Marriage is like a horse.


The potential strength and power of the relationship are dependent on limbs that are easily damaged. In my last blog, I posed a challenge.

What names would you give the four supports of marriage?

In presenting that question, I gave myself a great deal to think about. How do I quantify the essence of marriage in four distinct categories? What if there are five? Then marriage cannot be like a horse. Or, if it is, then it has to be like a five legged horse and I’m no expert, but I’m pretty sure that’s incredibly rare. But marriage isn’t rare. It’s common. As common as a four legged horse…It’s dizzying at times to be inside my head.

I’m not an expert on horses and neither am I an expert on marriage. This is just my opinion. But maybe, it isn’t about getting the list right. Maybe it’s about putting forth the energy and effort to recognize the investment required.

So, here’s my list. Set to the acronym “LEGS” for fairly obvious reasons. And, see? Four things!


Listening. Yup, got that one. Let’s move on…Wait, I mean really listening. I’m talking about more than just hearing. “I see your lips moving but all I hear is blah, blah, blah.” That’s not listening. Listening is an exercise in discovering what the other person isn’t saying.


Empathy. (Hey, I didn’t promise this to be a fun list.) What might it feel like to be the other person? What hurts and wounds do they carry that cause them to react the way they do? Put their shoes on for a day. If you catch their althete’s foot, you won’t complain about spending money on Lotrimin again.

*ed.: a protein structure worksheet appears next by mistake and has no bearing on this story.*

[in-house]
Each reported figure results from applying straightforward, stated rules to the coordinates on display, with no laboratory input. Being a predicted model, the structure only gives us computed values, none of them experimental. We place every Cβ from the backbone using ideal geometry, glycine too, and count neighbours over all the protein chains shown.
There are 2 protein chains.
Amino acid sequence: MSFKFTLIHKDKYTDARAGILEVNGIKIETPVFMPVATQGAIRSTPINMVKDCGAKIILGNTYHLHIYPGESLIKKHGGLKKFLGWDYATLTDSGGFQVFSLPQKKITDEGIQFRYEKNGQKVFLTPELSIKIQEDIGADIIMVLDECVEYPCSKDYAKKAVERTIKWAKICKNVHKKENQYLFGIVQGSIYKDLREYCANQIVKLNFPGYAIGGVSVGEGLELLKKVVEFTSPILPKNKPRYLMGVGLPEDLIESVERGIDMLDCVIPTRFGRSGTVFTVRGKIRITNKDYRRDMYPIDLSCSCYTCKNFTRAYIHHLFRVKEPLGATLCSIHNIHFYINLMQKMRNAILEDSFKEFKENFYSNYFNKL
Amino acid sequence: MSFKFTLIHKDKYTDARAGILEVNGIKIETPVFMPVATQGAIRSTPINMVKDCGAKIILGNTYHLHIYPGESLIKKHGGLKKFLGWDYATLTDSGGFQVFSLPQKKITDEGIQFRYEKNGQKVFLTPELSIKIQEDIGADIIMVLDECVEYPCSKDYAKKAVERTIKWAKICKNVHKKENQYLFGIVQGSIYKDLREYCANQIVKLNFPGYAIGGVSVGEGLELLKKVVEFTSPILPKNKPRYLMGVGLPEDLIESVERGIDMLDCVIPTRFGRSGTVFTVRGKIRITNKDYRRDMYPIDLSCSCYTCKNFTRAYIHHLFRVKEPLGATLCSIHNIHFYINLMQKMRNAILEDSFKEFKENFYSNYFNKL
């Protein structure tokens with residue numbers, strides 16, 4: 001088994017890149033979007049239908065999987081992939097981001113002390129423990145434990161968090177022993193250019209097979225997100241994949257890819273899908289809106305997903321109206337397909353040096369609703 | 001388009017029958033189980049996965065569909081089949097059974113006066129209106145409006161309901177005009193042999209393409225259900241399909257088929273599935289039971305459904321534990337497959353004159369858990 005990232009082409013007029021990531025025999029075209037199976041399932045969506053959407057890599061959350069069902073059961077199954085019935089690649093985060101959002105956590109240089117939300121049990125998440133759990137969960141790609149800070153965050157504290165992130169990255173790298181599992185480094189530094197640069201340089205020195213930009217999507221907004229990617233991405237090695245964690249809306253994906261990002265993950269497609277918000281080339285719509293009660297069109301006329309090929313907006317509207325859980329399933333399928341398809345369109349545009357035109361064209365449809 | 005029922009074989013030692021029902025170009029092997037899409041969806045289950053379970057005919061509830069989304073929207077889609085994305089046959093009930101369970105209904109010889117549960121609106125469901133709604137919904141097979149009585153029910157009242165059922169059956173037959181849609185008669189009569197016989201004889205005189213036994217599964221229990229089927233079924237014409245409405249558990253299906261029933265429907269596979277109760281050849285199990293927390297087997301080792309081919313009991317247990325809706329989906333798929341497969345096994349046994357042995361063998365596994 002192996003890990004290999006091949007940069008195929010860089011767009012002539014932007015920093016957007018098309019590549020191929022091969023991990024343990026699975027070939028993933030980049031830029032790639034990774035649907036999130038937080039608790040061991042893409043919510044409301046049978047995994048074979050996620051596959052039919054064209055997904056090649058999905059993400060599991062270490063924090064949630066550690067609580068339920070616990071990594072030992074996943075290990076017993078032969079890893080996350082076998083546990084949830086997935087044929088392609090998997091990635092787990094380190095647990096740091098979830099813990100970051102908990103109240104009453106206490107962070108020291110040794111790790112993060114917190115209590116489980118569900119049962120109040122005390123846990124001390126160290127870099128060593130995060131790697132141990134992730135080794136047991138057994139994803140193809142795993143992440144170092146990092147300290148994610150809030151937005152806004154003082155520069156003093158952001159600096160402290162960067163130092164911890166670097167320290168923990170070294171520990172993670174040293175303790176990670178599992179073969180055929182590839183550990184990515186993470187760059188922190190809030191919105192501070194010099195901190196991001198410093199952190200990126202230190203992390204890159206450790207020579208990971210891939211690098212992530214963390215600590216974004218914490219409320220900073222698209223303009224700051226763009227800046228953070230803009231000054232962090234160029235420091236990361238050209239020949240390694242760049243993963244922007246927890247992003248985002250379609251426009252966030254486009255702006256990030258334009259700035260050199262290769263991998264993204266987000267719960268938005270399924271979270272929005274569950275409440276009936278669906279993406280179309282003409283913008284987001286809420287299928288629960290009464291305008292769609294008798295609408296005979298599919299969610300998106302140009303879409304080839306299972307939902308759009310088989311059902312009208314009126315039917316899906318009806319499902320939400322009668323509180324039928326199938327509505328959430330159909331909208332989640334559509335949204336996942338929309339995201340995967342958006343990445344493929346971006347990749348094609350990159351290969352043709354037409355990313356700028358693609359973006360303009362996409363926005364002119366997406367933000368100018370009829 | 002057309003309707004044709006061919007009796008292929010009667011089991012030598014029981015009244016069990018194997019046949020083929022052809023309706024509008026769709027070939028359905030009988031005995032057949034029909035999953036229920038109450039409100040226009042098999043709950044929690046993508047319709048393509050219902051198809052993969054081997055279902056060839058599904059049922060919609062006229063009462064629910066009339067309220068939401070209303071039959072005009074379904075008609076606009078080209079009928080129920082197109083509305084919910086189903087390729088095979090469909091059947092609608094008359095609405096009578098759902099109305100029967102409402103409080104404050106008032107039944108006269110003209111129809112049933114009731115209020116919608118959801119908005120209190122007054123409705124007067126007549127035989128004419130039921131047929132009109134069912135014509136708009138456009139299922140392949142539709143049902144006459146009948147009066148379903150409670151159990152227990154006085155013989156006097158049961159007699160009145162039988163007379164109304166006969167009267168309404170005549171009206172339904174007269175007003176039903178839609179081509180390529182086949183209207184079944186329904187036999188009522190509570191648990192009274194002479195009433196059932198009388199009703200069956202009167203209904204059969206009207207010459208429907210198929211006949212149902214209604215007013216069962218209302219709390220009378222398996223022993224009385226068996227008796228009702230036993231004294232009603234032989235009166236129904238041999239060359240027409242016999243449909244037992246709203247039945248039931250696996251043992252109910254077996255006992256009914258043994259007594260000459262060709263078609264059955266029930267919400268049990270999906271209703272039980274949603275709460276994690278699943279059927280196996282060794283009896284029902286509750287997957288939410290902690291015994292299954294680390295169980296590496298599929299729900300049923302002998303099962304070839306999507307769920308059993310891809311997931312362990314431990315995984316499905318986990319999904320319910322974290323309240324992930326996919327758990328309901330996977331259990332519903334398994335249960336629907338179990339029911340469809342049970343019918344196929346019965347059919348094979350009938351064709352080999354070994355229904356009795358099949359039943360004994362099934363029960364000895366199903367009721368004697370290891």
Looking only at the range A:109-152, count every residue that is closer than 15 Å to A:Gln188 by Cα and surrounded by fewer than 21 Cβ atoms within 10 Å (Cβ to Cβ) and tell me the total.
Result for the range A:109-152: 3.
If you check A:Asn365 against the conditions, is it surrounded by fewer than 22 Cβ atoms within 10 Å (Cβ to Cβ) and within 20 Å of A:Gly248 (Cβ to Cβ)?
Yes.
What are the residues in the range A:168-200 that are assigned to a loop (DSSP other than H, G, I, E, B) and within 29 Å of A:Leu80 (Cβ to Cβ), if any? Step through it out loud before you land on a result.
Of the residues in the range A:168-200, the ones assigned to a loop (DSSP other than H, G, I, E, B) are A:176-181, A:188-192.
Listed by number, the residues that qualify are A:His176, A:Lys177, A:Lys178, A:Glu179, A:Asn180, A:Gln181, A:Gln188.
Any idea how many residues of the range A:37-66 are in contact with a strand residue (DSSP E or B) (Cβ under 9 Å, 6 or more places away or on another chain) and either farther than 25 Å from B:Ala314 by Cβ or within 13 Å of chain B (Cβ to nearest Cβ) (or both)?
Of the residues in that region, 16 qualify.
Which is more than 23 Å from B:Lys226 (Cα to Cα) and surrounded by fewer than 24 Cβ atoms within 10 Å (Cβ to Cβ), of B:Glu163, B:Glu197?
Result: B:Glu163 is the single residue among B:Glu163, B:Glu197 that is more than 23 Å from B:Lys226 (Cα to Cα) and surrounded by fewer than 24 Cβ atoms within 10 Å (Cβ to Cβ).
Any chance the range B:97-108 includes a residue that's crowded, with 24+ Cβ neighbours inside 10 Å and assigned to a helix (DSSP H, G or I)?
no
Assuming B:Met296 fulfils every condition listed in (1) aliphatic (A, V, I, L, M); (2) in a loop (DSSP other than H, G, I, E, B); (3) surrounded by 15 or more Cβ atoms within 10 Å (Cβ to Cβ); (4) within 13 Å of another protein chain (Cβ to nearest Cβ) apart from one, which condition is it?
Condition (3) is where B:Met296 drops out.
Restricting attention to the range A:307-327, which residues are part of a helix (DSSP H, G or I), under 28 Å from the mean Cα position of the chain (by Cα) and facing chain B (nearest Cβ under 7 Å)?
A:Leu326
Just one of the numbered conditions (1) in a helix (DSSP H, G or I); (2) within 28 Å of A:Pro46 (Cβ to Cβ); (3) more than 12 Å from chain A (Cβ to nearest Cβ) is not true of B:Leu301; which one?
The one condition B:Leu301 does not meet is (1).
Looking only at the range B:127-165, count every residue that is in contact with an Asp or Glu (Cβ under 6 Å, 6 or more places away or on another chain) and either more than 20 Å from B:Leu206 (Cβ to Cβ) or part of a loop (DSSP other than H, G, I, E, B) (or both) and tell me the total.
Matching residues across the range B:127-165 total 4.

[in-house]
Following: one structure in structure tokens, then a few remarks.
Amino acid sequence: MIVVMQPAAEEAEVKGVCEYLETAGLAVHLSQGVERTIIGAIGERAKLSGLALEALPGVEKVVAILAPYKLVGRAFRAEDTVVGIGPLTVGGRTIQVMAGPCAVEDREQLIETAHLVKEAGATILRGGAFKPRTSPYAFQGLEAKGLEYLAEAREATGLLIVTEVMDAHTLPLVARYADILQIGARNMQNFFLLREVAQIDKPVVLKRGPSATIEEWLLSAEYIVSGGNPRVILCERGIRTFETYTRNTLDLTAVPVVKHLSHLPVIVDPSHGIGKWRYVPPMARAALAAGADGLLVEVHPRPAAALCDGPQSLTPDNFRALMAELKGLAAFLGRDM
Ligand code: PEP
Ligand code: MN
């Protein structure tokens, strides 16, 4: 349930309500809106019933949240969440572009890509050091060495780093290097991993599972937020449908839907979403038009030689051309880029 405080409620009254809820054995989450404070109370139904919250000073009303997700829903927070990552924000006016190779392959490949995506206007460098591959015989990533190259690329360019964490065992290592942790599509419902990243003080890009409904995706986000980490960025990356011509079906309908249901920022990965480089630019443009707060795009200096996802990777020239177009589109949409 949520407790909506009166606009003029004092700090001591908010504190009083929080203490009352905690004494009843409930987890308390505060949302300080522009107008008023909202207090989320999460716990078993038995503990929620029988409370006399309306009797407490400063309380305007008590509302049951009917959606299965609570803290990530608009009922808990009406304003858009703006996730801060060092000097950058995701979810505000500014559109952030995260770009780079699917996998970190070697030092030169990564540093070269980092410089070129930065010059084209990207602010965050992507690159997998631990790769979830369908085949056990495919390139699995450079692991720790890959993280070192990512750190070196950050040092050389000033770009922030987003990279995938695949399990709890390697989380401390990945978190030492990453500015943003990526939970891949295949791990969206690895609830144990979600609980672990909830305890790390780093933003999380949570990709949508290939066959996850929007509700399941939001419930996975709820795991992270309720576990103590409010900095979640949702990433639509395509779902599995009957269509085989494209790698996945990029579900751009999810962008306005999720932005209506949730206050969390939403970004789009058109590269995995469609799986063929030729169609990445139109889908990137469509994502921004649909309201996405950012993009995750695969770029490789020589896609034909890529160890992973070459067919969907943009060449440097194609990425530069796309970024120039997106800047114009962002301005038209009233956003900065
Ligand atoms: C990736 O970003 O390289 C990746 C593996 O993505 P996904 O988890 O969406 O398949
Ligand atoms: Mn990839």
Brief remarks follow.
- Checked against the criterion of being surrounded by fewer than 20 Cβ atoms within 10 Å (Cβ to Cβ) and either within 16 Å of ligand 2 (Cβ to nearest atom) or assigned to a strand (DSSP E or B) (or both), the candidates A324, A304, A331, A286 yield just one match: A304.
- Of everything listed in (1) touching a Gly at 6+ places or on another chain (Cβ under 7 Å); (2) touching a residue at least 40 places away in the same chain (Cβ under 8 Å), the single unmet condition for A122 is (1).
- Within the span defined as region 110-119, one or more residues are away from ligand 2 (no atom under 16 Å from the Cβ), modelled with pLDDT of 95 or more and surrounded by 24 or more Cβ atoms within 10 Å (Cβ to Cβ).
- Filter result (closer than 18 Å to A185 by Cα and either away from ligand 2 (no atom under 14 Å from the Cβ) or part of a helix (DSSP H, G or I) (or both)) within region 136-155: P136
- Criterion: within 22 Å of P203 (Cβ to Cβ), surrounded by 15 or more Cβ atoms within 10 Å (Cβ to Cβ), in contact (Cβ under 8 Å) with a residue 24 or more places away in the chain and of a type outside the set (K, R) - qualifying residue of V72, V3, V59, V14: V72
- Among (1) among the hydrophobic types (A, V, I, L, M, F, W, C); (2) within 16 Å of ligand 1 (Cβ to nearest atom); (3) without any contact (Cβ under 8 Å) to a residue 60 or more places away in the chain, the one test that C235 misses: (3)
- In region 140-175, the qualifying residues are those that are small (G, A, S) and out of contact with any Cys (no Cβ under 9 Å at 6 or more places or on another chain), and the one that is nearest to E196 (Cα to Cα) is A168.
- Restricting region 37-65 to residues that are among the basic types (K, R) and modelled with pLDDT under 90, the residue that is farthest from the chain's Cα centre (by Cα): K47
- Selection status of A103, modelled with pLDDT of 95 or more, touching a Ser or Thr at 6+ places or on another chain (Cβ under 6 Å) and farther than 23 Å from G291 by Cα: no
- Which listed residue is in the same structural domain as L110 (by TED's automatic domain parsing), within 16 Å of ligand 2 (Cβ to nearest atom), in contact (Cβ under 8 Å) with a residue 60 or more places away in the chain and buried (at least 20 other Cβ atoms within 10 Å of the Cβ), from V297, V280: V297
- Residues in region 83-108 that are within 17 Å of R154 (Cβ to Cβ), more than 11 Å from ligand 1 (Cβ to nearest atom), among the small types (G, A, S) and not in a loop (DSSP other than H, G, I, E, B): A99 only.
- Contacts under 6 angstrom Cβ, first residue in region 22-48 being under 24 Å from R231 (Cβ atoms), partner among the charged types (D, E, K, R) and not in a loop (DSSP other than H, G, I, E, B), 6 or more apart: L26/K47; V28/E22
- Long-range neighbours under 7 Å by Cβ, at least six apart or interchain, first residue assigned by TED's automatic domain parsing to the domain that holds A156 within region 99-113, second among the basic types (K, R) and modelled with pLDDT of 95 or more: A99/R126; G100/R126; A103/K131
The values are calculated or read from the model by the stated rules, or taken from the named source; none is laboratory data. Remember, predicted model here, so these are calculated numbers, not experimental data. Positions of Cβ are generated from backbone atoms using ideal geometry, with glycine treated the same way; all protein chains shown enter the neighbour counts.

“Great” expectations. Horses are strong. They can carry a great deal of weight. They cannot however, carry a dozen suitcases, ill packed and ranging in size. Don’t expect your spouse to be able to cart around all your baggage either. If the horse is struggling, maybe it’s time to start addressing the load it’s under.


Service and maintenance. A horse not exercised regularly cannot perform in an endurance situation. A marriage not maintained properly cannot keep going either. Spend time together. Do things that married couples do. Regularly. And if you see an opportunity to serve the other person. Do that too.


May you care regularly for the fragile legs of your marriage and may they, in turn, support you until it’s time for the glue factory in the sky. (Death do you part and all that.)

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4 Comments on "L.E.G.S."

  1. Susan lamkin
    08/06/2012 at 8:08 am Permalink

    Wow, you continue to amaze me with you insight! Keep this blog coming I look forward to it!

  2. Rebecca Qualls
    08/06/2012 at 2:49 pm Permalink

    Thank you Susan! Your encouragement means a ton!!

  3. Janet Hanson
    08/06/2012 at 6:20 pm Permalink

    I thought the question in your last post was fraught with peril–what if someone accuses me of leaving out the most essential thing? You nailed it, however. Or nailed me…

  4. Rebecca Qualls
    11/06/2012 at 6:04 pm Permalink

    “Fraught with peril”…where’s the “like” button? 🙂

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